Now, as affirmed in last week’s blog, a believer can come to the place where he or she, by God’s grace, has died to self-centeredness and is walking in the power of the Spirit.  Such a person loves God and lives a victorious life of fellowship with God and reconciliation with brothers and sisters. Nevertheless, it is both unhealthy and a perversion of the truth for such a person to neglect the other statement in 1 John: “if we say that we have no sin, we deceive ourselves and the truth is not in us.” Such a person’s heart may be fixed on God but they are still subject to temptation and to living amid the conflicts and irritations of daily life. Things will arise for which this person needs to seek forgiveness in order to maintain fellowship with God. God will help them grow by exposing things in the Spirit-filled person’s life for which repentance is necessary. Sometimes he may use “sins of surprise” to uncover unrealized sins of the heart. The closer a person is walking with God, the more quickly that person deals with these issues. The surrendered life is ever sensitive to God’s convicting voice, ready to repent and easily reconciled without being in legalistic bondage because it is confident of the grace of a God who does not let his people go unless they persist in rejecting His convicting voice. Of course, one can still fall into known or intentional sin, but there is little need to determine whether questionable failures are “sins rightly so called,” the result of infirmity, or merely temptations. This Biblical understanding relieves the believer of morbid self-introspection for joyful living without condoning sin or excusing its continued presence.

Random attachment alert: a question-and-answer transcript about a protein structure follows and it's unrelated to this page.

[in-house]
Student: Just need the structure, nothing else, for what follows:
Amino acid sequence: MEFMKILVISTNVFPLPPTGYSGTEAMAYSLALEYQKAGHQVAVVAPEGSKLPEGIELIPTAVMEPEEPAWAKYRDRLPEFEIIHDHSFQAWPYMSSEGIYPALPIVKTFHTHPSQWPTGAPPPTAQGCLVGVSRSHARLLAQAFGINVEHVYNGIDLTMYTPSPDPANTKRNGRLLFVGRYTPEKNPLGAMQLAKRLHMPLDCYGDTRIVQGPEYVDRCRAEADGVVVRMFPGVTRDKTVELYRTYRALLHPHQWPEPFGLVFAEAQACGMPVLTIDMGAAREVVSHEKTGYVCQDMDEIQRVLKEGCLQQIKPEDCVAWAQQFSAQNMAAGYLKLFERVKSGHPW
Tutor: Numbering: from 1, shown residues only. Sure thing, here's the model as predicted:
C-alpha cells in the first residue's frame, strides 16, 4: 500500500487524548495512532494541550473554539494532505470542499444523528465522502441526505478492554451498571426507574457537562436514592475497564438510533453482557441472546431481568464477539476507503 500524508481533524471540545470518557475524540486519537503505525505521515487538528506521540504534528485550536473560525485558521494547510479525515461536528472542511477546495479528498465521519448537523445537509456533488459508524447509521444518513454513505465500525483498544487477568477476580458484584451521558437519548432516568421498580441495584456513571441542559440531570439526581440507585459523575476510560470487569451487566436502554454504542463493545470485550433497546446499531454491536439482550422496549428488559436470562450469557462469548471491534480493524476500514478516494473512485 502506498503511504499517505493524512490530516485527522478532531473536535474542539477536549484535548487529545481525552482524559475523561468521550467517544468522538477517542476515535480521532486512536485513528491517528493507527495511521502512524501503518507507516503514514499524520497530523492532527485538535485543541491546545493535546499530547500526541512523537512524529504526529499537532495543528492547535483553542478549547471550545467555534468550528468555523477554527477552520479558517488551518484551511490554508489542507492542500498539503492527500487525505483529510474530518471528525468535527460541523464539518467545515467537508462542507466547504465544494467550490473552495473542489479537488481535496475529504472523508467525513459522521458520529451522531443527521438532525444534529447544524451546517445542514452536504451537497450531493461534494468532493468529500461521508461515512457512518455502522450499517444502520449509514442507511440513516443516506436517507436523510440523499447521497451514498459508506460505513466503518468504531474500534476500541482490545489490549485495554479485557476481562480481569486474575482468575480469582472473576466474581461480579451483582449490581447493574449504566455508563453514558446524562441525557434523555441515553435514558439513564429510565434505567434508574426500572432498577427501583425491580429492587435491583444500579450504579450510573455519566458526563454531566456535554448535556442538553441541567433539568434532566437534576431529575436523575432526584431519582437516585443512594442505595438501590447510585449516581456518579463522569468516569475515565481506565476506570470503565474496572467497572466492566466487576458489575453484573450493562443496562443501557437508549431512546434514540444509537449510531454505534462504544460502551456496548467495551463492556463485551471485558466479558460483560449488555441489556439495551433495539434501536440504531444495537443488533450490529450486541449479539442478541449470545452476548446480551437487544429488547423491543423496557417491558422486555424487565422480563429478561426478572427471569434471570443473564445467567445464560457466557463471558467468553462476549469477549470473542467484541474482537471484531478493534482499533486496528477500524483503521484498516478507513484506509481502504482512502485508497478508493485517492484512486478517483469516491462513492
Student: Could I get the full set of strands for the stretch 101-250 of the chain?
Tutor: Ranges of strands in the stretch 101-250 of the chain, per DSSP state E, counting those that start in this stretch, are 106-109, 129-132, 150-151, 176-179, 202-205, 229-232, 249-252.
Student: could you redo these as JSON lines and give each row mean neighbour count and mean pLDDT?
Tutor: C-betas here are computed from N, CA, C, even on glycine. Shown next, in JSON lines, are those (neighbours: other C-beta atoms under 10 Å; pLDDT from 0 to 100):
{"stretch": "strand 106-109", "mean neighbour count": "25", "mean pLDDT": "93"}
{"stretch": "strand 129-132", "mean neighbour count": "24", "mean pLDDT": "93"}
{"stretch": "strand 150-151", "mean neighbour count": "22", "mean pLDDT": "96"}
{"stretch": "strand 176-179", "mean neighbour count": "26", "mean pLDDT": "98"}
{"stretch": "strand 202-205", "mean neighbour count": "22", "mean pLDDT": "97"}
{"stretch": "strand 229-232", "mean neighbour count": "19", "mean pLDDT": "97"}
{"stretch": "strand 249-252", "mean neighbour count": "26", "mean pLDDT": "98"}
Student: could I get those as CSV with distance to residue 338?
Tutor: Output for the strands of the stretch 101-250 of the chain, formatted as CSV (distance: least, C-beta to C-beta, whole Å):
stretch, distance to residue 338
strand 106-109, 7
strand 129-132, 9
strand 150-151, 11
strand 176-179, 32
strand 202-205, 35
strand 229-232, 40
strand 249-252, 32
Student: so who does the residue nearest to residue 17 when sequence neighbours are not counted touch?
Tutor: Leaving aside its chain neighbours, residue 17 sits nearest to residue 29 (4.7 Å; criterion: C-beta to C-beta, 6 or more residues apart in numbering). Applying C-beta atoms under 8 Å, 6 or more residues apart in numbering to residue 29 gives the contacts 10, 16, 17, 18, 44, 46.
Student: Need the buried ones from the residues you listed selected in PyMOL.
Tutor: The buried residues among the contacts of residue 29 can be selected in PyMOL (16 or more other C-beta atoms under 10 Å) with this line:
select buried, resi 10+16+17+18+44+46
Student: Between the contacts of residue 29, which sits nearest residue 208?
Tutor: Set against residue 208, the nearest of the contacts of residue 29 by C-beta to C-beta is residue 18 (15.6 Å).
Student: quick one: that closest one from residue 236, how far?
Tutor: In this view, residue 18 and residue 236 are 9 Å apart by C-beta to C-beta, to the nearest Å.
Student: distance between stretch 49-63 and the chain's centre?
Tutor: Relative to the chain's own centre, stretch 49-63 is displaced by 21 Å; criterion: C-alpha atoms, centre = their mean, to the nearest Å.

Understood in this way the Wesleyan movement has a message of God’s empowering grace that accords with the Great Christian Tradition and offers hope and renewal not only to the Wesleyan movement but to the Christian world.

This blog has become longer than intended. Look for the third and final part next week: “Holiness Unto the Lord. Part Three: Hope for the People of God.”

Holiness Unto the Lord. Part One: The Beauty of Holiness

 

Since the late 1980’s I’ve taught a two-hour course entitled “The Biblical Basis for Christian Holiness.” From the beginning, this course has been designed to provide a holistic understanding of the Bible’s teaching on this subject in order that God might use this truth to confront us and make us holy. The person who has probably taken and audited more seminary-level courses than anyone I know told me that it was one of the two most significant courses he had experienced. Developing this course has been a rich experience for me that has clarified my thinking and shaped my walk with God.